In the Sacramento-Stockton television market, Sinclair Broadcast Group agreed to surrender KOVR (channel 13)'s ABC affiliation to then-Belo owned CBS affiliate KXTV (channel 10). Since then, Gannett has purchased KXTV from Belo, while CBS has acquired KOVR. Since KOVR switched from ABC to CBS, the station launched what would become a successful programming strategy in which the CBS primetime lineup starts an hour earlier at 7 p.m. and ends at 10 p.m. (mirroring the network's scheduling in all U.S. time zones outside of the Eastern and Pacific Time Zones), making it the only station in the Pacific Time Zone to schedule network programming in such a manner (although San Francisco's KRON-TV (channel 4) – then affiliated with NBC, and KOVR sister station KPIX did schedule primetime network programming in that manner during the early and mid-1990s, as part of an attempt to compete with Fox affiliate KTVU's highly successful 10 p.m. newscast).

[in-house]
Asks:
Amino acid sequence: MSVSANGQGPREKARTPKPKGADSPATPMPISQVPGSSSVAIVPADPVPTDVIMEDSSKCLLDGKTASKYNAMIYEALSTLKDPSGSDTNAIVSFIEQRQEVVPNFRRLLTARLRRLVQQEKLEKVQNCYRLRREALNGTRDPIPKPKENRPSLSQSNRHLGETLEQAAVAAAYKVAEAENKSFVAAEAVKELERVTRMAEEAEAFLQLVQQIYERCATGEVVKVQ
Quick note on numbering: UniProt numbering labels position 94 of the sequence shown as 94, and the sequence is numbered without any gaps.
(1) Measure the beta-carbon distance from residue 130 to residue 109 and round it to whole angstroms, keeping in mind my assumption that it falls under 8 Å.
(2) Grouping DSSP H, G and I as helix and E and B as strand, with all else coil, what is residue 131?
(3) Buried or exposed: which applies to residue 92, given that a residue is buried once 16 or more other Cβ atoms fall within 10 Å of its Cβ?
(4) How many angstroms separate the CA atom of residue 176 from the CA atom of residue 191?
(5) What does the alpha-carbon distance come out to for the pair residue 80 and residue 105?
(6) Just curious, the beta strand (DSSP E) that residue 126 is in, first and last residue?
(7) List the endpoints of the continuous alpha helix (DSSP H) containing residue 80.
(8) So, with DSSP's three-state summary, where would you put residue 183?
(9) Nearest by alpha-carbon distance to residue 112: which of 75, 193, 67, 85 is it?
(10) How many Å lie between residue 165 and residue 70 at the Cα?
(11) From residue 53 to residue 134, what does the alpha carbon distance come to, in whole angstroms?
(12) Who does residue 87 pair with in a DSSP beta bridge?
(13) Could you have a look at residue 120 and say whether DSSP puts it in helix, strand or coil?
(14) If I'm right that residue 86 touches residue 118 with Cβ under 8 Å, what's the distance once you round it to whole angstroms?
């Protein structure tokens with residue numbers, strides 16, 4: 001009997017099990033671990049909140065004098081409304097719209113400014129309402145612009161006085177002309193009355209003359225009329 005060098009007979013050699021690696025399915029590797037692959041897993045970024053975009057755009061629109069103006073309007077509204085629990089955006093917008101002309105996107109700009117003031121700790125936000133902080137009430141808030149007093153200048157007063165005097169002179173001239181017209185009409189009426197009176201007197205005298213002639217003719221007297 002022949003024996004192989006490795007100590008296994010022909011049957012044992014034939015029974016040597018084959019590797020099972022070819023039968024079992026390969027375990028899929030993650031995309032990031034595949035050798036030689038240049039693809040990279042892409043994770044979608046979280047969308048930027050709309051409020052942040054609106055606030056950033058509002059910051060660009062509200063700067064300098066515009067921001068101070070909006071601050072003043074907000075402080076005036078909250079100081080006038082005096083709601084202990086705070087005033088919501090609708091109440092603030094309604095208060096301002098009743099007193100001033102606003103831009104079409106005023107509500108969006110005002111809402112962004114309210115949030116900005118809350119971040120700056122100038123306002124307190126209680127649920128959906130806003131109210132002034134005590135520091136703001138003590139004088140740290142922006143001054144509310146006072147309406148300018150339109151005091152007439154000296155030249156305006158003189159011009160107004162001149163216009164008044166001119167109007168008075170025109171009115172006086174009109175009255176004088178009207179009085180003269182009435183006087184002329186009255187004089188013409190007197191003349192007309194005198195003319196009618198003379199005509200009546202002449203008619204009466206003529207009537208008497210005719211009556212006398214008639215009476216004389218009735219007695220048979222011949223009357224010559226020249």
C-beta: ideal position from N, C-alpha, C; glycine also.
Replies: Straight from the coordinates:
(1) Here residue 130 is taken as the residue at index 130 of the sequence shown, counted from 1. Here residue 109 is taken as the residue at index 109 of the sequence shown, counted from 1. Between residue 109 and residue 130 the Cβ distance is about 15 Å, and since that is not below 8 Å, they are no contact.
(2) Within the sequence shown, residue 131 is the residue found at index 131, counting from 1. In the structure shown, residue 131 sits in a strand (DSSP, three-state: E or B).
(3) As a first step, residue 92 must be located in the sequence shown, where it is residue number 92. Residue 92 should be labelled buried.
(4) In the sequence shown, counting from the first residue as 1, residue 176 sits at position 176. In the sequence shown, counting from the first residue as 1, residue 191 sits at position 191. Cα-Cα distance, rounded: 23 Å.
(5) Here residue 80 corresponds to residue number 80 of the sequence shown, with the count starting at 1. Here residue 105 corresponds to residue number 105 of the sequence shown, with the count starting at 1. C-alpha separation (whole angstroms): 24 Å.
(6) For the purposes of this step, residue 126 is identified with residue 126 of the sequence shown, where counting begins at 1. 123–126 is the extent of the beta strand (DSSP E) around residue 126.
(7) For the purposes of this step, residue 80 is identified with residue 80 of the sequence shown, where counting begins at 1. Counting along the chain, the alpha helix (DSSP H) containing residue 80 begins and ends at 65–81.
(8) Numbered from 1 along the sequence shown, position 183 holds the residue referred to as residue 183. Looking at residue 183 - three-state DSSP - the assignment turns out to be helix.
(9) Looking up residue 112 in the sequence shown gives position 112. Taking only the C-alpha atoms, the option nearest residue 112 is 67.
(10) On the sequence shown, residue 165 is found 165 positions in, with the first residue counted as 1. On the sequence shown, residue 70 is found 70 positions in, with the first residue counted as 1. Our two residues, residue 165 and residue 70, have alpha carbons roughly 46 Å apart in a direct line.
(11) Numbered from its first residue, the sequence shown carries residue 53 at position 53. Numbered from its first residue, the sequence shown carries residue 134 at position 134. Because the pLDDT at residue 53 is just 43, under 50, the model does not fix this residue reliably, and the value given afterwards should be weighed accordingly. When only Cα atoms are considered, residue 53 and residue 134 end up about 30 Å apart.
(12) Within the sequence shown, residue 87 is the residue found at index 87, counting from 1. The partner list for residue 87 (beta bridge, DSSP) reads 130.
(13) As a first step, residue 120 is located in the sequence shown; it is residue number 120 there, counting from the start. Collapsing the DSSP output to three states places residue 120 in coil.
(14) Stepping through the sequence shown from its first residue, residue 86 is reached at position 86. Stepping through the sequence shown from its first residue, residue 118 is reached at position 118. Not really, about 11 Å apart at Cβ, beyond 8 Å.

However, ABC experienced significant downgrades in several of its Indiana markets – the most significant being in South Bend (home of the University of Notre Dame, whose football team's road games often air on ABC), where full-power affiliate WSJV (channel 28), owned by Quincy Newspapers, switched to Fox in August 1995 (possibly to assuage the fan base of the nearby Chicago Bears). W58BT (channel 58), a low-power Fox affiliate owned by Weigel Broadcasting, ended up becoming an ABC affiliate almost by default due to the lack of another available commercial full-power station in the market; the only other choice, WHME-TV (channel 46), was owned by the broadcasting arm of the locally based Lester Sumrall Evangelistic Association, which neither had intent to sell nor take a network affiliation. This led to the same cable entanglements and reception problems as had happened in Milwaukee, though the market had fringe access to several other ABC stations, including Chicago's WLS-TV (channel 7) and Battle Creek, Michigan's WOTV (channel 41). W58BT soon changed its call letters to WBND-LP (although it had marketed itself as "WBND" from its launch); it did not start a limited news operation until 2008, using reporting from South Bend and WDJT staff anchoring and providing weather forecasts for the station, before establishing a full locally based news department in 2011.